Landsat’s Critical Role Forest Management
People and economies around the world rely on forests for timber, carbon storage, flood control, biological diversity, recreation, and more. Forest managers face many challenges. In the last few years, forest fires have become more intense and more frequent; North American forests have experienced widespread infestations by pests such as the pine bark beetle; and tropical deforestation continues. Our changing climate adds complexity to government and commercial decisions about how to manage, protect, and sustain our forest resources. Landsat satellites provide key data for forest monitoring and management across the globe. Landsat gives us consistent views of the health, composition, and extent of forest ecosystems as they change over time. Curtis Woodcock, Professor, Boston University and specialist in remote sensing, has said, “I would argue that the Landsat data archive may be the most valuable environmental data record we have.” Designed, built, and launched by NASA, Landsat satellites have recorded global forest conditions every year since the 1970’s, and they have observed all U.S. forests once a season throughout those years. The U.S. Geological Survey provides this valuable data to the public at no cost. Landsat observations will continue into the future with Landsat 8.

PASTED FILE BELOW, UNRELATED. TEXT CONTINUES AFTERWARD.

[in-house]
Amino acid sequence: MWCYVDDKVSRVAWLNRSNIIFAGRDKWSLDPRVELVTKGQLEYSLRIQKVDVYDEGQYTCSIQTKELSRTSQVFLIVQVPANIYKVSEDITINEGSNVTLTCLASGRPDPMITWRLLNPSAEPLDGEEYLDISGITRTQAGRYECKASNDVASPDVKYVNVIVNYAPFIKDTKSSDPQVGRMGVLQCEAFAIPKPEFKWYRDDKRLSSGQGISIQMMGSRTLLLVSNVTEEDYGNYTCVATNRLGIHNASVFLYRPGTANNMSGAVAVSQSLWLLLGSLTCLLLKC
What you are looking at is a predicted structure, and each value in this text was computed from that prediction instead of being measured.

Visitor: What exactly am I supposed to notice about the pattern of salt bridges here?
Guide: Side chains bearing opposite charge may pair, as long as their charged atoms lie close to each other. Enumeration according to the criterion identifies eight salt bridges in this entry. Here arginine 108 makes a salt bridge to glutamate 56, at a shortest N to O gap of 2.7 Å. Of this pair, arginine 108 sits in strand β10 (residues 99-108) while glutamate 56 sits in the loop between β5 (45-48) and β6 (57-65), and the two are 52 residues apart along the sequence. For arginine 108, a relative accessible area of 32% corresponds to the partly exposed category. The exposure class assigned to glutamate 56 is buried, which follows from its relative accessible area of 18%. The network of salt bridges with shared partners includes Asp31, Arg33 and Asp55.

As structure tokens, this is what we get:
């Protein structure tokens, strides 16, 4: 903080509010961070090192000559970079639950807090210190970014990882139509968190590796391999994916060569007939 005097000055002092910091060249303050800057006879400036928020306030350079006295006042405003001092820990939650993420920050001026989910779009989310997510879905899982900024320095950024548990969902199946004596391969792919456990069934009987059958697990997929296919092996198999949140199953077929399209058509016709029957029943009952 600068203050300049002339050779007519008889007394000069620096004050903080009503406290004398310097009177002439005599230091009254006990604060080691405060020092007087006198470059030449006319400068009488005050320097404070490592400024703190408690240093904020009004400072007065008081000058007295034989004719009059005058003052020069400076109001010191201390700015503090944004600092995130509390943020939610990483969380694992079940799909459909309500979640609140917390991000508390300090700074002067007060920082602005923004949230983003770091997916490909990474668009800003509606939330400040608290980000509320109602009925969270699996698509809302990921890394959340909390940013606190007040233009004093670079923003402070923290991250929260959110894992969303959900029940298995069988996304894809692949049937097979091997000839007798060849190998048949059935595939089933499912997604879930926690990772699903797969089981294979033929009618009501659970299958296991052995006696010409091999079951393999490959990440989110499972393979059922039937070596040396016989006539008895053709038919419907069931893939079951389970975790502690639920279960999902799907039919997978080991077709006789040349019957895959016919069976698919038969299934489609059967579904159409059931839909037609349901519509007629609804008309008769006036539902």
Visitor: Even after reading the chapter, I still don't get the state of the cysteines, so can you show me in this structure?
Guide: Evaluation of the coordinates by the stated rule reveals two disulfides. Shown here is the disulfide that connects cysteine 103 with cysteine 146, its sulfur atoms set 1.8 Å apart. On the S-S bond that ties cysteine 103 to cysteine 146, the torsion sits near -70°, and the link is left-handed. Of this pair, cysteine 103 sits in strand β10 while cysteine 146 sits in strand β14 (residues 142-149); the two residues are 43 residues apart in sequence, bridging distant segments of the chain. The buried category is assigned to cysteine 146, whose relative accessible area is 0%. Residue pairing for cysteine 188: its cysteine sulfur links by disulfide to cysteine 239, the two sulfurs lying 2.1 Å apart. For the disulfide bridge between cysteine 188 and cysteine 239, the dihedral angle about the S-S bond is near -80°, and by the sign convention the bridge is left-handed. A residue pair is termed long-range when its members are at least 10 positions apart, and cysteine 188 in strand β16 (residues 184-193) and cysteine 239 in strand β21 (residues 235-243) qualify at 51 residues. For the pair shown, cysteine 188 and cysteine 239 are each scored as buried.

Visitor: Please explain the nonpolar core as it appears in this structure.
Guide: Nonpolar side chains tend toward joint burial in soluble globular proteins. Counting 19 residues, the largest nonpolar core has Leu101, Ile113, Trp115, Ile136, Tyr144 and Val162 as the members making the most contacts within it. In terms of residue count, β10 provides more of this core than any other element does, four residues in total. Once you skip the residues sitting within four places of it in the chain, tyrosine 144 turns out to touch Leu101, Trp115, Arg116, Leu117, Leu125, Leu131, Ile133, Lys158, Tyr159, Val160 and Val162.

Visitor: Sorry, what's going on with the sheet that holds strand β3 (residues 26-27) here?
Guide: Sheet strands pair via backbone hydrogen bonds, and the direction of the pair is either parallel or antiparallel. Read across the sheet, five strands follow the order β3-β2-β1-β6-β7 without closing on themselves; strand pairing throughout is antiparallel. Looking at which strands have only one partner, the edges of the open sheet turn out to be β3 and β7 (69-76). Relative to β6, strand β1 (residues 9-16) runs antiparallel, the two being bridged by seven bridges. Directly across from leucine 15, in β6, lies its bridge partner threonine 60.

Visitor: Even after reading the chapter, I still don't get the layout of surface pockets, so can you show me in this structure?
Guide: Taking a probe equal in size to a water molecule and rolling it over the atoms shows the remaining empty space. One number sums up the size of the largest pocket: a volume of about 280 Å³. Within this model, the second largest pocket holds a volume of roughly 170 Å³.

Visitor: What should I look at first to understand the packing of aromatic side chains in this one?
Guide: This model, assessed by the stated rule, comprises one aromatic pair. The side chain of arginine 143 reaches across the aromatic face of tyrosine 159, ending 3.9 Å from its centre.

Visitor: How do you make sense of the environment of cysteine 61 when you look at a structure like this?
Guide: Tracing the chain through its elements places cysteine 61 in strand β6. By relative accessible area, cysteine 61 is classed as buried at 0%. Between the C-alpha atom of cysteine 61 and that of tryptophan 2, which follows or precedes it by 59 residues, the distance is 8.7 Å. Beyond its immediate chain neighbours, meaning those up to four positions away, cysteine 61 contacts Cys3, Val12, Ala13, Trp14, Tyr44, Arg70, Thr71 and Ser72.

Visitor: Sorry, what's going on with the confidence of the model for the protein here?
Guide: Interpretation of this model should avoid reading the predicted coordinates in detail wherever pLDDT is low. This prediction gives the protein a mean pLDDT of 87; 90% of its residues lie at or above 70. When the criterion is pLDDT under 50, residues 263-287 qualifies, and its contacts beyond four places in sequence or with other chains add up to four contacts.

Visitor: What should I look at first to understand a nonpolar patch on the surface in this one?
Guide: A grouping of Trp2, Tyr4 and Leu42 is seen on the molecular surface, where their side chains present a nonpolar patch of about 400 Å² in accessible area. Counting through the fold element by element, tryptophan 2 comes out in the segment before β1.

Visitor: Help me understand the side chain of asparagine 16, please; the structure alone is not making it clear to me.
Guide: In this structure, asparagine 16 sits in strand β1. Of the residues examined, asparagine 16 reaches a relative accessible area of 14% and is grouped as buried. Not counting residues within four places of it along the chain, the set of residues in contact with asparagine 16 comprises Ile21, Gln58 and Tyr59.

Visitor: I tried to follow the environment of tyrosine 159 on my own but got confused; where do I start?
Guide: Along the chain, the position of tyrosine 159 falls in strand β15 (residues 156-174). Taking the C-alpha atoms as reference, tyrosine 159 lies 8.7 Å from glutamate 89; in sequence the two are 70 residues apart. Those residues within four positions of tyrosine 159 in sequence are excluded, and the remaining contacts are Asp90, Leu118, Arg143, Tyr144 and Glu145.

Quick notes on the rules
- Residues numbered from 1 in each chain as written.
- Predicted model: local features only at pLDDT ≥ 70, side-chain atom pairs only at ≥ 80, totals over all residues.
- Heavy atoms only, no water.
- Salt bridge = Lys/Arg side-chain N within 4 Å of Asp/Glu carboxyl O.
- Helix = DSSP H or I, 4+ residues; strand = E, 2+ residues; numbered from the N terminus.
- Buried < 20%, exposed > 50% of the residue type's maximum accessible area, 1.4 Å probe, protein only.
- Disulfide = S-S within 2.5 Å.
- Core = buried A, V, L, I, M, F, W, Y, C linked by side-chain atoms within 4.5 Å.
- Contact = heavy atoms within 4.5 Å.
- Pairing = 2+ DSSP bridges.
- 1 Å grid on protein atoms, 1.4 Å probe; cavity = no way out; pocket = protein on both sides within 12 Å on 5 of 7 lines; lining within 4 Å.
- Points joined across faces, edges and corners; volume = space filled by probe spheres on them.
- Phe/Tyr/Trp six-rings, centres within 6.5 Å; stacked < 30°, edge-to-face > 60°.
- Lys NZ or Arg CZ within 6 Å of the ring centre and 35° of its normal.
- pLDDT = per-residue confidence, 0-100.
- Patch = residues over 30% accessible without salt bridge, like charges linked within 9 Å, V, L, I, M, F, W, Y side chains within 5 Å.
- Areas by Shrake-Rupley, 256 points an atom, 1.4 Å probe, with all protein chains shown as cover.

A combination of lightning, drought and human activity caused fires to scorch more than one-third of Yellowstone National Park in the summer of 1988.
The 2014 megafires in Canada’s Northwest Territories burned 7 million acres of forest, making it one of the most severe fire events in Canadian history.
SDSU post-doc Pedro Oliveira is integrating remote sensing data from airborne LiDAR and Landsat 8 and Sentinel-2 satellites to map the height of the Brazilian Amazon forest canopy.
A new, highly accurate, automated way to detect clouds and their shadows from satellite images over unusually cloudy places.
Annual maps of the lower-48 United States produced from Landsat satellite data illustrate how these dynamic systems changed from 1986-2010.
Last spring, NASA researchers flew over the Everglades and Puerto Rico to measure how mangroves and rainforests grow and evolve over time, then hurricanes Irma and Maria struck.